When you process your photos, are you trying to make them look good for screen or are you thinking about how they will print? And why is this even a question?
Well if you’ve ever made a print and had it come back looking nothing like your screen, you’ve experienced why this matters.
And not only do screens look different from prints, every screen looks different!
If you don’t believe me, next time you walk into Costco, look at all the giant flat screen TVs and see how different every one looks.
The harsh reality is that when it comes to displaying our photos on a phone, tablet, or computer, It’s going to look different on every device. Throw in what instagram or facebook is doing to your photos and the same photo may even look different on the same device!
Trying to adjust to this every moving target is just chasing your tail. Great Rich, thanks for that little nugget of wisdom, but what do I do about it?
The answer lies in picking a more consistent standard, and for me that standard is prints.
With the right workflow, prints allow a higher degree of control and consistency. So instead of processing something to look good on my screen when I know it will look different on your screen, my goal is to process the file so that it will make a good print.
That’s a great goal, but what are some practical steps to achieve it.
Well, first, I have to know my monitor well enough to get past the screen to print differences I talked about earlier. I do that with a mix of experience, knowing what a certain result on screen will produce on print. I also use the info tool to read the pixel values ( “the numbers” ) so that I can make precise adjustments beyond what the screen can show me.
Learning to understand what how the screen will translate to print is what I call an “mental calibration” as you are training your vision to compensate for differences between the two. It’s a learnable skill, but it does take practice.
You can improve the process by “calibrating” your display with a device like the x-rite color monkey, and by using special reference monitors designed for screen to print matching ( I use a NEC MultiSync PA242W which you can read about in a previous article.)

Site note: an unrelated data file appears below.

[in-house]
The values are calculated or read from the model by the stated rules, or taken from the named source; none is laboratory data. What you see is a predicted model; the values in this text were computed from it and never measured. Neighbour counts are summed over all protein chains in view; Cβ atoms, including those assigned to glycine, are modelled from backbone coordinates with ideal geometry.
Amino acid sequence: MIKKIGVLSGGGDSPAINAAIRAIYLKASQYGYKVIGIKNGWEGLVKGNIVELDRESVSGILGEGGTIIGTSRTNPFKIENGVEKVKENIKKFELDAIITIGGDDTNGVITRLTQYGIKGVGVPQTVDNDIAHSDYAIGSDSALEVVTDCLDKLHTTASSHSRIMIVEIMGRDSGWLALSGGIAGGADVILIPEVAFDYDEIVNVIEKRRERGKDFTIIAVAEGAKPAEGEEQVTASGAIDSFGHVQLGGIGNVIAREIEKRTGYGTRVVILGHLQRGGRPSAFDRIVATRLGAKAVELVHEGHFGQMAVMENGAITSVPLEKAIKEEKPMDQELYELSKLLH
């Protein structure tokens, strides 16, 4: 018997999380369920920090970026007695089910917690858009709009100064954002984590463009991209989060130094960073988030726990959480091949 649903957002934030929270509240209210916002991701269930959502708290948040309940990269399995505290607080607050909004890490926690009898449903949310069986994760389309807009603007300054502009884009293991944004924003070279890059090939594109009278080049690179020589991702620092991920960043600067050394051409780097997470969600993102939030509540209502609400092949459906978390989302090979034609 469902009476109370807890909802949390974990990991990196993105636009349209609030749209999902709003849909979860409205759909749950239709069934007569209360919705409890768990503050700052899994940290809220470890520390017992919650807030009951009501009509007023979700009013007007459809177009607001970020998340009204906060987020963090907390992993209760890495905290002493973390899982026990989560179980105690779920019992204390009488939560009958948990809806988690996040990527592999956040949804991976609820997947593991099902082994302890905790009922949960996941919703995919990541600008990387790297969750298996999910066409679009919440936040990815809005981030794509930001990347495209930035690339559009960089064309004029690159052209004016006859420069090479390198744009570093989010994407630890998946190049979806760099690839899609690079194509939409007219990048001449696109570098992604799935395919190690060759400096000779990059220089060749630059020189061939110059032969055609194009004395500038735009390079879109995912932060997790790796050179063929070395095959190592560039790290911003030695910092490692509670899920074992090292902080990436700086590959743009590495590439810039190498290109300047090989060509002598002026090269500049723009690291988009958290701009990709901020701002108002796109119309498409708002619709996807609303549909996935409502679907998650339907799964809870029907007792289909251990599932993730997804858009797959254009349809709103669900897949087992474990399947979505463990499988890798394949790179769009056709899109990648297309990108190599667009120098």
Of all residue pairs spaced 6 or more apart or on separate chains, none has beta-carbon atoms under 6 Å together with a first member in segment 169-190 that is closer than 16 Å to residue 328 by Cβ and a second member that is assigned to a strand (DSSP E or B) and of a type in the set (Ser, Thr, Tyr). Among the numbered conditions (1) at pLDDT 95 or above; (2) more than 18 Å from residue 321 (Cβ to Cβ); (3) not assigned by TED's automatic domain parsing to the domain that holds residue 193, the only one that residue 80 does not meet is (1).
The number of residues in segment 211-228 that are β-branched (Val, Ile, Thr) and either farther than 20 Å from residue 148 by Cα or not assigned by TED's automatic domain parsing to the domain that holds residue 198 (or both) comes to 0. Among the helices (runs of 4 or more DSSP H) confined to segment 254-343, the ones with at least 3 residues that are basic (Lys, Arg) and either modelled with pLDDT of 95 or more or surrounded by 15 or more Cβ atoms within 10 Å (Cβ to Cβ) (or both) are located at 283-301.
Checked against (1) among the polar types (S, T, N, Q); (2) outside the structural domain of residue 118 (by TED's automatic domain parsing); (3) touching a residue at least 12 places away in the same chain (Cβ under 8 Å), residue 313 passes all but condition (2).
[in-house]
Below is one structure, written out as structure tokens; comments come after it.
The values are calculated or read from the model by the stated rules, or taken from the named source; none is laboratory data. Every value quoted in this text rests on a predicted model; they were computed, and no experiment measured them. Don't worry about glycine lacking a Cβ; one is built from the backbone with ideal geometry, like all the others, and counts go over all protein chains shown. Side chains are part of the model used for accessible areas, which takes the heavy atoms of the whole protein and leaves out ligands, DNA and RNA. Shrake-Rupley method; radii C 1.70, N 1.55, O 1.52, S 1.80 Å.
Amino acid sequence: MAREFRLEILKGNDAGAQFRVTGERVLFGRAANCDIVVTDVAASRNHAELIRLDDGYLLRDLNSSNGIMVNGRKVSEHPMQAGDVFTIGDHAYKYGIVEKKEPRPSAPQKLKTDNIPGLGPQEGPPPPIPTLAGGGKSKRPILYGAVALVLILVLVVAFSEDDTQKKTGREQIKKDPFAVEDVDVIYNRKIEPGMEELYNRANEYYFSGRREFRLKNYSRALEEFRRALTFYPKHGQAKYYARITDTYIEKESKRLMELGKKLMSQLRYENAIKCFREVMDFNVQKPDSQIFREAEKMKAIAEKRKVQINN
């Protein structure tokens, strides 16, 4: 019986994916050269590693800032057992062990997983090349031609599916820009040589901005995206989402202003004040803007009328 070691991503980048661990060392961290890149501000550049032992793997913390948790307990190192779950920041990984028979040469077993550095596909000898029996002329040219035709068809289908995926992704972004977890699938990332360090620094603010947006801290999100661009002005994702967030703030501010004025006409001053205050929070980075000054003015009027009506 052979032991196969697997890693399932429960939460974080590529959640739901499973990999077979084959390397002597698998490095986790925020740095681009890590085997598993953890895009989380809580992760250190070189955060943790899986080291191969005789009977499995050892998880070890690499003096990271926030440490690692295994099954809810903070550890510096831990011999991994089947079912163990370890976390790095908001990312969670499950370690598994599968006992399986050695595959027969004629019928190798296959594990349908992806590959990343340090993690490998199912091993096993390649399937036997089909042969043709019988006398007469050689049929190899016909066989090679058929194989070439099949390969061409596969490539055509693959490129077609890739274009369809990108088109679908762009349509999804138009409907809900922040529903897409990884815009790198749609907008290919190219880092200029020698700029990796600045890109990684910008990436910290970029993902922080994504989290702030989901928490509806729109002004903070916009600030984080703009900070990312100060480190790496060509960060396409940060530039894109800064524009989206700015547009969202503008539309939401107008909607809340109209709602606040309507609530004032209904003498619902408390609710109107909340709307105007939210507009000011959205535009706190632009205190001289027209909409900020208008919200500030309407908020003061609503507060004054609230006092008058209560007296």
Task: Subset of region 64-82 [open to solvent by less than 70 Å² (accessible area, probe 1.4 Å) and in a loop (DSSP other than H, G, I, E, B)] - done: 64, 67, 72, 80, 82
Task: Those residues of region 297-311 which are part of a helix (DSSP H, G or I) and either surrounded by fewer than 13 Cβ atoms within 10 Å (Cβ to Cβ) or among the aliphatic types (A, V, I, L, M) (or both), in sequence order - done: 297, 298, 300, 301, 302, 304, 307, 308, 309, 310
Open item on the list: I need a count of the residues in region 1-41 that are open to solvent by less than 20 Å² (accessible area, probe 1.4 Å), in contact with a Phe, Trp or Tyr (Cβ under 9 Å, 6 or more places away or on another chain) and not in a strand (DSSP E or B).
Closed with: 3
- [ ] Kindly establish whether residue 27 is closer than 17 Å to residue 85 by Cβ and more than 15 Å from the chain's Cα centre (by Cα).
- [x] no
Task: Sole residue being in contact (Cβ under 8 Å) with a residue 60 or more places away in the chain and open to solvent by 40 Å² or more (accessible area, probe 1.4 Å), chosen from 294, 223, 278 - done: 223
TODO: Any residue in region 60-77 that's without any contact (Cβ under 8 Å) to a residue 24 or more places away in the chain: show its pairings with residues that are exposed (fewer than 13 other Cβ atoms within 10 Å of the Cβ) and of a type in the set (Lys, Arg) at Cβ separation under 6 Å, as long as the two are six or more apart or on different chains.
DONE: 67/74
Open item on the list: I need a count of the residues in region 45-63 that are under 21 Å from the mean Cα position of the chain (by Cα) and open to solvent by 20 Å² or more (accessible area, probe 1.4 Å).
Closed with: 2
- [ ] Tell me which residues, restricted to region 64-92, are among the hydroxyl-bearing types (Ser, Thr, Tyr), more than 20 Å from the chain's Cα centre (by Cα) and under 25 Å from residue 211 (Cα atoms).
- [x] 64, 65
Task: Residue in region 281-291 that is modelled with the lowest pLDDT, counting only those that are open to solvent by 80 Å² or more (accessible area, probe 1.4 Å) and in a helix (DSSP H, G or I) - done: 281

Using that process, the processing decisions I make lead me to a file that I think will print the way I want. And if it will print the way I want, then this is the “most accurate” version of the file.
So when I share this file on the web or social media, I’m starting with the best possible source. Since I know it’s being viewed on countless devices I have no control over, I know that at least I was feeding in the best original I could.
So what happens if you work the opposite way? Making it look good for the screen with no regard for the print?
If you never print, that is a perfectly valid way to work. But it builds in a “gotcha” if you decide to print one of those files, chances are it will look nothing like your screen.
It’s really easy to push a file so far in such a way that still looks good on screen but moves outside the realm of what can ever be produced in a print. That doesn’t mean screens are better…in fact quite the opposite. What it means is that a screen is imprecise enough that it can hide a lot of bad processing decisions that become glaringly obvious on print.
There is a saying in the music world that if you can’t play well, then play loud. Screens are kinda like that.
You can get so used to hearing your photo “loud” on screen that when you switch to prints, which are capable of so much more depth and subtlety, that you can’t make the two meet. By processing my file for print, I don’t run into this problem.
Because I never expect the print to look just like it does on screen, I’m setting up a different expectation in my mind than that held by a photographer who seldom prints. Furthermore, I never expect that when I share my photo on the internet that it will look exactly the way it does on my precisely color managed monitor at home. It all comes down choosing a set of expectations that meet your particular needs, and using a workflow that helps you consistently achieve those expectations.